The plight of the pangolin: One of the planet's most extraordinary and intelligent animals is being hunted to extinction

 

It is an enigmatic and highly intelligent animal known as a "mischievous escape artist". However, the luck of the pangolin has finally run out, say conservationists. This extraordinary creature is being slaughtered on an industrial scale and faces being eaten to extinction.

Believed to be the world's most trafficked animal, a single pangolin can fetch as much as $7,000 (£4,300) on the black market.

The pangolin – unique among mammals because of its reptilian scales – is considered a delicacy in parts of Asia. Its scales are also used in traditional Chinese medicine to treat conditions that include inward-growing eyelashes, boils and poor circulation.

Its conservation status is being reviewed by the International Union for the Conservation of Nature (IUCN) and two species, the Chinese and the sunda (Malayan pangolin), are likely to be designated as "critically endangered" next year.

Pangolins, largely nocturnal ant-eaters, roll up in a ball when threatened and their scales are so tough that a lion cannot bite through them. But this defence mechanism makes it easy prey for poachers.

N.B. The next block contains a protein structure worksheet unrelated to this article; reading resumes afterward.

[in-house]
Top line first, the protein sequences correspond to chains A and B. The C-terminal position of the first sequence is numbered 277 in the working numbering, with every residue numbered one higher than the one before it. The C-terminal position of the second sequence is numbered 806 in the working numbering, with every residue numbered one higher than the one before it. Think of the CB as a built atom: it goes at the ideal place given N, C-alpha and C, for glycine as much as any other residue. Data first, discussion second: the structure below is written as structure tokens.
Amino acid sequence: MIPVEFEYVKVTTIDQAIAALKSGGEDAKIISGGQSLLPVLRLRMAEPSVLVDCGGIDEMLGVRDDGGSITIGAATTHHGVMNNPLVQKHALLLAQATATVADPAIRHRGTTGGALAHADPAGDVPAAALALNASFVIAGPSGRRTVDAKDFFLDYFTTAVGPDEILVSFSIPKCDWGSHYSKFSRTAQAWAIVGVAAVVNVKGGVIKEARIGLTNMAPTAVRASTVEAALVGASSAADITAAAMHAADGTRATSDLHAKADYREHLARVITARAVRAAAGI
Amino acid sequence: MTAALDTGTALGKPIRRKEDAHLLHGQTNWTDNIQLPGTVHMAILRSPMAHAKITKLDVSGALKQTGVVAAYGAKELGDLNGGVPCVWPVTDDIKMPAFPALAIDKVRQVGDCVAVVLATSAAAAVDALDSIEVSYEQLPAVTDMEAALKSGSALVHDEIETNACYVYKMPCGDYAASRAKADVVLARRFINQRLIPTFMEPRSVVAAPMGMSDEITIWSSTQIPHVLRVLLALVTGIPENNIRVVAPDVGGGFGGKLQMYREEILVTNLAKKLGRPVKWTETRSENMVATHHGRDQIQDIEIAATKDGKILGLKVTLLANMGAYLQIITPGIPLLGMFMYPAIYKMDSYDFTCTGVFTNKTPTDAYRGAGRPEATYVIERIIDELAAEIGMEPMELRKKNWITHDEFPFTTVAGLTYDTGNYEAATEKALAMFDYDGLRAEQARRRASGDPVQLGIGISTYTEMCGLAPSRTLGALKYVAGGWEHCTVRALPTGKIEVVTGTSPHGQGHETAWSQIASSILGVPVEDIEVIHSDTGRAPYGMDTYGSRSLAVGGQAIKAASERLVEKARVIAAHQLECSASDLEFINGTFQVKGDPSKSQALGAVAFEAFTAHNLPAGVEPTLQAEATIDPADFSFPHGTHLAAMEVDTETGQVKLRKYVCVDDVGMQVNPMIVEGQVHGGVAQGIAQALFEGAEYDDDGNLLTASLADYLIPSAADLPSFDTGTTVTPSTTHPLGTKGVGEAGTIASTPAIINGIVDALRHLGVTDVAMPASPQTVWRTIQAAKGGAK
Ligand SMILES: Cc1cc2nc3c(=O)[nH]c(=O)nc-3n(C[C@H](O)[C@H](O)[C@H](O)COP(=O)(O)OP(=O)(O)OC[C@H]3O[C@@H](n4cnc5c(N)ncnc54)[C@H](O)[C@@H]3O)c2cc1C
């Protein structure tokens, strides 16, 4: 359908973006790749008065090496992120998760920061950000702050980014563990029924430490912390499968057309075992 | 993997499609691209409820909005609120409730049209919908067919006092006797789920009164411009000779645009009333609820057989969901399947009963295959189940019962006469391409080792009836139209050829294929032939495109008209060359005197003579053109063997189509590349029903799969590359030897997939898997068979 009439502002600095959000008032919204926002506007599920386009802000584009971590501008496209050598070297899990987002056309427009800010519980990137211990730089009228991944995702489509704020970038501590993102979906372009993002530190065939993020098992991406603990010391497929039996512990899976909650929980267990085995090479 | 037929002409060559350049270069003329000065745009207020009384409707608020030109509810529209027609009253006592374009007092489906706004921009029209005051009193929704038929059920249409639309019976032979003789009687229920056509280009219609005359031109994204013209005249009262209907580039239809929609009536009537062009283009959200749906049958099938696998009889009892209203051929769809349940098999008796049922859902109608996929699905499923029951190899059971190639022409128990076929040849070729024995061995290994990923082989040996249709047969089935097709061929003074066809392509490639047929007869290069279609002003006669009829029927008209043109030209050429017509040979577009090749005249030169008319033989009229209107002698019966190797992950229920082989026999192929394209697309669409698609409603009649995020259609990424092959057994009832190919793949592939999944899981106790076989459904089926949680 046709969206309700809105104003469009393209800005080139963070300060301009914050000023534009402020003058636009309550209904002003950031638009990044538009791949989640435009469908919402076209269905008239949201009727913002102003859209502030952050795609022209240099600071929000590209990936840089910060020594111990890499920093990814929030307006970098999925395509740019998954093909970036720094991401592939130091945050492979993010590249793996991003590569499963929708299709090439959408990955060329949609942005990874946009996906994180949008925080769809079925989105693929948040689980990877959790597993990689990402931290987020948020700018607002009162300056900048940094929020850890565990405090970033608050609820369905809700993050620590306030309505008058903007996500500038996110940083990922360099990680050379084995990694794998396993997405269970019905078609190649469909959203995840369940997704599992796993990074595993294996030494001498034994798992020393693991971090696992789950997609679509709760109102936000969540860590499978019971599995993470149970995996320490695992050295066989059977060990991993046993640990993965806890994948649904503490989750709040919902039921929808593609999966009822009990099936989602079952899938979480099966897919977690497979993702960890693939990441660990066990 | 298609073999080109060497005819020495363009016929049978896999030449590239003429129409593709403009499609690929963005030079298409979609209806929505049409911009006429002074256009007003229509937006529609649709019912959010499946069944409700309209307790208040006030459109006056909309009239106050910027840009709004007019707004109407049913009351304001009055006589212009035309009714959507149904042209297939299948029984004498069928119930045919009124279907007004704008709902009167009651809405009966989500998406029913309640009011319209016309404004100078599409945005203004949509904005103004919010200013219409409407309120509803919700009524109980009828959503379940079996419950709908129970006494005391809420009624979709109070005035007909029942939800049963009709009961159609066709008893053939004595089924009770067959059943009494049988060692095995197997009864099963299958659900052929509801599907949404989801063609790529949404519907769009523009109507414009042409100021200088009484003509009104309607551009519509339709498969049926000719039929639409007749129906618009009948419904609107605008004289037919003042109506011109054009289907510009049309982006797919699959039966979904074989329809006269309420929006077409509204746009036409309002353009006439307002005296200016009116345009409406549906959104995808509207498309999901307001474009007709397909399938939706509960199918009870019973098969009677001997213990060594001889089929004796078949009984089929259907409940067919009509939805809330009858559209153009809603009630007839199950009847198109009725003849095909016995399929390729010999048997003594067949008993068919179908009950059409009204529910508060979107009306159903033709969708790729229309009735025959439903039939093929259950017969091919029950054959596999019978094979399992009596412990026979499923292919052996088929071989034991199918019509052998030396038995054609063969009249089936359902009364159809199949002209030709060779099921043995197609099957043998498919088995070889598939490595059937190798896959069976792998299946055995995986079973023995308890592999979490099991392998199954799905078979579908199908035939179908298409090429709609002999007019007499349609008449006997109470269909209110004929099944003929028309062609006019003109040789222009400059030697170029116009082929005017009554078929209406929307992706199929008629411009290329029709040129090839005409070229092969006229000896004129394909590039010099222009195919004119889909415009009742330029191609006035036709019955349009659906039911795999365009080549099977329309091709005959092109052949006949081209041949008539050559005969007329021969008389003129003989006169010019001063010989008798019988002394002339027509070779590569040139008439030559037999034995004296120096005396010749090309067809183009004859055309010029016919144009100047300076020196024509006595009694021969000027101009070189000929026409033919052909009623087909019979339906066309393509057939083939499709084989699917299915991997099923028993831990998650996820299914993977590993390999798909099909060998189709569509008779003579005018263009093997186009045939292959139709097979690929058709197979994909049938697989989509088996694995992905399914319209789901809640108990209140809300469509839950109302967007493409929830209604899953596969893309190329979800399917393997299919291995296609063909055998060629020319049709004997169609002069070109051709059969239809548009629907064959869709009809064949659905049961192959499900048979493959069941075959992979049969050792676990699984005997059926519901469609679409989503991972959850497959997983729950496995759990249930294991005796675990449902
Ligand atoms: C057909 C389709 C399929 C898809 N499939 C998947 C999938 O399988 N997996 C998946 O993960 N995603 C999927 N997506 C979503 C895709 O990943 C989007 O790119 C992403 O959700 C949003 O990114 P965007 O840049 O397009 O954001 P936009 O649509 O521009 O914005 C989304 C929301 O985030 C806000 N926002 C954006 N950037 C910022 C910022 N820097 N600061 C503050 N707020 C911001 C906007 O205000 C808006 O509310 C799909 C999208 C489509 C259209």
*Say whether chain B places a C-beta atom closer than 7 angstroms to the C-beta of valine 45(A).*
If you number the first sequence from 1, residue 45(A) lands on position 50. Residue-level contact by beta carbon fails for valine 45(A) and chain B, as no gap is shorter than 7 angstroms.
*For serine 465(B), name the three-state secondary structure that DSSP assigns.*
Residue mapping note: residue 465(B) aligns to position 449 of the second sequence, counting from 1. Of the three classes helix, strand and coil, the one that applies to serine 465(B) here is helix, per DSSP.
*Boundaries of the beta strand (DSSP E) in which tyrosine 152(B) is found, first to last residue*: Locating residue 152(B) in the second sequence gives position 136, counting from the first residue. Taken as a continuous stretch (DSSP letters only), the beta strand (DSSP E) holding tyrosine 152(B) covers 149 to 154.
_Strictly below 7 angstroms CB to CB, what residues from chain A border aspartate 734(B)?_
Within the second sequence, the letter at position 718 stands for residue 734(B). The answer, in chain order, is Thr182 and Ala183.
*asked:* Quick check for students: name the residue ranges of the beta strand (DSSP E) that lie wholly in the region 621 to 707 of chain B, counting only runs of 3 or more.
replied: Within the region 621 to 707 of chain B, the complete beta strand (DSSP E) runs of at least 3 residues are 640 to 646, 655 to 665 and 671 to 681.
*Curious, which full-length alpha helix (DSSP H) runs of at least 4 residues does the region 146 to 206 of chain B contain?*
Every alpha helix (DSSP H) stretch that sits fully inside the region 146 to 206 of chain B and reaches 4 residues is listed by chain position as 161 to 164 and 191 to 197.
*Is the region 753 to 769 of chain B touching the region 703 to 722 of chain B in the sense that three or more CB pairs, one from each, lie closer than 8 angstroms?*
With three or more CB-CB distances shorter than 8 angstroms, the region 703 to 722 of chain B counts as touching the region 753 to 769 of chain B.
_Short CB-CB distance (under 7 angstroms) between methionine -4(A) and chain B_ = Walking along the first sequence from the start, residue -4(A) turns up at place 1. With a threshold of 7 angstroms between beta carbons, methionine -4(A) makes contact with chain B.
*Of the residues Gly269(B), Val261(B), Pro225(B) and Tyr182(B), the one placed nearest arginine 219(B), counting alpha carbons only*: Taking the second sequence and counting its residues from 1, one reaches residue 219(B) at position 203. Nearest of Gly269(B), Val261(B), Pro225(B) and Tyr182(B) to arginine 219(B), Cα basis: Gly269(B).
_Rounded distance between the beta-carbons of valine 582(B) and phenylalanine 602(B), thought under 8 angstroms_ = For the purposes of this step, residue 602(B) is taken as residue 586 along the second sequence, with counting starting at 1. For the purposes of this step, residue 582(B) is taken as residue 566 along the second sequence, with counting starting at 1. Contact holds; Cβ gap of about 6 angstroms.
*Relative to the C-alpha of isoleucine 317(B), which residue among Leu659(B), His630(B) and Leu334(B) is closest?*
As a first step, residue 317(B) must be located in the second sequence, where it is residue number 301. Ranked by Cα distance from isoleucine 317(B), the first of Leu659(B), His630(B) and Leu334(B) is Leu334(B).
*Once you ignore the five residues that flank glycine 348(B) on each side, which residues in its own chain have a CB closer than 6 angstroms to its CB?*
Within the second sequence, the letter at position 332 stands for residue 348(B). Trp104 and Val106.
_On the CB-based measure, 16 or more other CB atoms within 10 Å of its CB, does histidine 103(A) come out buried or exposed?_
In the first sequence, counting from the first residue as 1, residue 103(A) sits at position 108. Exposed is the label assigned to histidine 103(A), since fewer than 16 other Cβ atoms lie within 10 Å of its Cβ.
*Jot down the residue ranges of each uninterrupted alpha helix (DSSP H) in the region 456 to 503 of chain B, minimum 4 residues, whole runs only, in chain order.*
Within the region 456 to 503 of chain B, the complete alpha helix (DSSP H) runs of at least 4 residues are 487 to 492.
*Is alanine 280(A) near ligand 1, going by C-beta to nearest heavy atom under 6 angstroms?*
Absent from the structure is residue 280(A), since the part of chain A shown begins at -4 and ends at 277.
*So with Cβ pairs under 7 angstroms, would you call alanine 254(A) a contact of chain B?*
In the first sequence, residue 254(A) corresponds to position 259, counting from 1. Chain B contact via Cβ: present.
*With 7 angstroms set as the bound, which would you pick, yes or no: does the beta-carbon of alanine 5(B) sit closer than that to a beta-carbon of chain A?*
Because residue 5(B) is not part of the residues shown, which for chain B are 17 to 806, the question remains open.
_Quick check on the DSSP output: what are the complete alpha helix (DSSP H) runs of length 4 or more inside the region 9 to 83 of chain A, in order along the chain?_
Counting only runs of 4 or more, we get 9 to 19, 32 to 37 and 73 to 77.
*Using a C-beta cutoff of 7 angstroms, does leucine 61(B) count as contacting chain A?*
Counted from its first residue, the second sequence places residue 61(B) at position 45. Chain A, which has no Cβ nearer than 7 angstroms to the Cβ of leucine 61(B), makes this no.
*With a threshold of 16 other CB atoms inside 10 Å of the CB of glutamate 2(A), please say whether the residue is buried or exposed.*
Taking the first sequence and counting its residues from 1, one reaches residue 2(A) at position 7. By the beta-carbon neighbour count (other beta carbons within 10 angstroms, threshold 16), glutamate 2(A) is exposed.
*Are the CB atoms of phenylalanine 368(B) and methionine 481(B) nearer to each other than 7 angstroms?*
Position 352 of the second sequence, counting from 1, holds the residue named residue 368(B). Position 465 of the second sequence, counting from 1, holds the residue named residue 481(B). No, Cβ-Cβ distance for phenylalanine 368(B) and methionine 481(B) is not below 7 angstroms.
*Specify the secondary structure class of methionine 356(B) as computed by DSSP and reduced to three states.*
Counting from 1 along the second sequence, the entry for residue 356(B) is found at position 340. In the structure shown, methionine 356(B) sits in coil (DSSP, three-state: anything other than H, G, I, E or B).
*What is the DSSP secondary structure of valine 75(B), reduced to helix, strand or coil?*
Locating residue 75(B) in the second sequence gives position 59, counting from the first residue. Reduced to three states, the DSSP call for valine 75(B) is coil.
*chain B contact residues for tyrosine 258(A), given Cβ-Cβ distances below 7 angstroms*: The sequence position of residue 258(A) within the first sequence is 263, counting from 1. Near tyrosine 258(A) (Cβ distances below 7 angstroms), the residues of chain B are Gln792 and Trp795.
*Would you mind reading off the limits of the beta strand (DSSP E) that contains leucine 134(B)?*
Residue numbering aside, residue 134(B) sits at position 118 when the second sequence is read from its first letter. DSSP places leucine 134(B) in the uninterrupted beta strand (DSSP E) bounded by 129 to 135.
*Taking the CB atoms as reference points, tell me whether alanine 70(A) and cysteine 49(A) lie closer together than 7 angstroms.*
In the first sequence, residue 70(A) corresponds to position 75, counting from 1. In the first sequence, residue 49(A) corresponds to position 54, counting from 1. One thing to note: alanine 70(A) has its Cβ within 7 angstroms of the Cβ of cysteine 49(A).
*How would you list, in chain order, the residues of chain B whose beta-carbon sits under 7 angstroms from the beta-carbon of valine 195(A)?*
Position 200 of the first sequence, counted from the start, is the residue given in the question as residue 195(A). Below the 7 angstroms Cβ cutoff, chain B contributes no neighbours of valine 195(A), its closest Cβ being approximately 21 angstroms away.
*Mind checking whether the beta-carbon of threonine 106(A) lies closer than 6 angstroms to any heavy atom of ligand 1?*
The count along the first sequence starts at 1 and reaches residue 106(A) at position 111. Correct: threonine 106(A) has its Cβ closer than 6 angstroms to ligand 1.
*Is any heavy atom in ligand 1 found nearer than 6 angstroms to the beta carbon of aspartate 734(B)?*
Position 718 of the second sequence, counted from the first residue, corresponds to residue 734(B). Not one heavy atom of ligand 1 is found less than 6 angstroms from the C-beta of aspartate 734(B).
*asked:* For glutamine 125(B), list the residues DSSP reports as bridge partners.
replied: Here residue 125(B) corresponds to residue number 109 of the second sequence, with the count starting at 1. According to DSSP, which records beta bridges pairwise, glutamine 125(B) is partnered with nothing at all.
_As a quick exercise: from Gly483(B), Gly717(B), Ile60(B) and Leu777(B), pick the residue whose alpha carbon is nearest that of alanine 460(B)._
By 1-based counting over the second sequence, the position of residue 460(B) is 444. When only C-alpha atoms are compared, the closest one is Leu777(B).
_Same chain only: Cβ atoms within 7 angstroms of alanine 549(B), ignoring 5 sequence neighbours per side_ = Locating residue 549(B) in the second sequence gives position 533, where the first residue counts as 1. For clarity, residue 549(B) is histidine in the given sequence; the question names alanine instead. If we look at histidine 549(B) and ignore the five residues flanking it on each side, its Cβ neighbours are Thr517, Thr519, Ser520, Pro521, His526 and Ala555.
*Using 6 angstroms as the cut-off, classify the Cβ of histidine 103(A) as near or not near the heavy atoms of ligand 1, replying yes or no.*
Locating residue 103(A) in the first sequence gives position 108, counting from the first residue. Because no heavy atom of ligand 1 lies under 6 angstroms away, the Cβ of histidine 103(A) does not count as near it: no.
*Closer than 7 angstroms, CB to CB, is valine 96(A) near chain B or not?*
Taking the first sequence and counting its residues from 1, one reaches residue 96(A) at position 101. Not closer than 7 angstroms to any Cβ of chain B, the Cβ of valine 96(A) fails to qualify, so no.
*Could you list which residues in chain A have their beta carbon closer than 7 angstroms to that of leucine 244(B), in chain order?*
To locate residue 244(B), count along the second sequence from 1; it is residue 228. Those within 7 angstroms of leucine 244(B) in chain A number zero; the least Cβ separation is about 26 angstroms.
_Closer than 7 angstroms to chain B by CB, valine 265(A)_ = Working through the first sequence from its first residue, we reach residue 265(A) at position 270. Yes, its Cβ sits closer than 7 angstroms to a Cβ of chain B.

However, Dan Challender, of the IUCN said the "mischievous" animals were famed as "escape artists". Traffickers have been known to nail their tails to the floor to prevent them running away.

The pangolin population in China is thought to have fallen by up to 94 per cent since the 1960s. This has driven traffickers to raid populations in India, Pakistan and Africa.

Mr Challender said the four species in Asia could be extinct in as little as 20 years. The four African species may last longer.

Lisa Hywood, who takes in rescued pangolins at the Tikki Hywood Trust, a conservation centre in Harare, Zimbabwe, said: "I believe that the pangolin is as much at risk of becoming extinct as the rhino.Probably more so."

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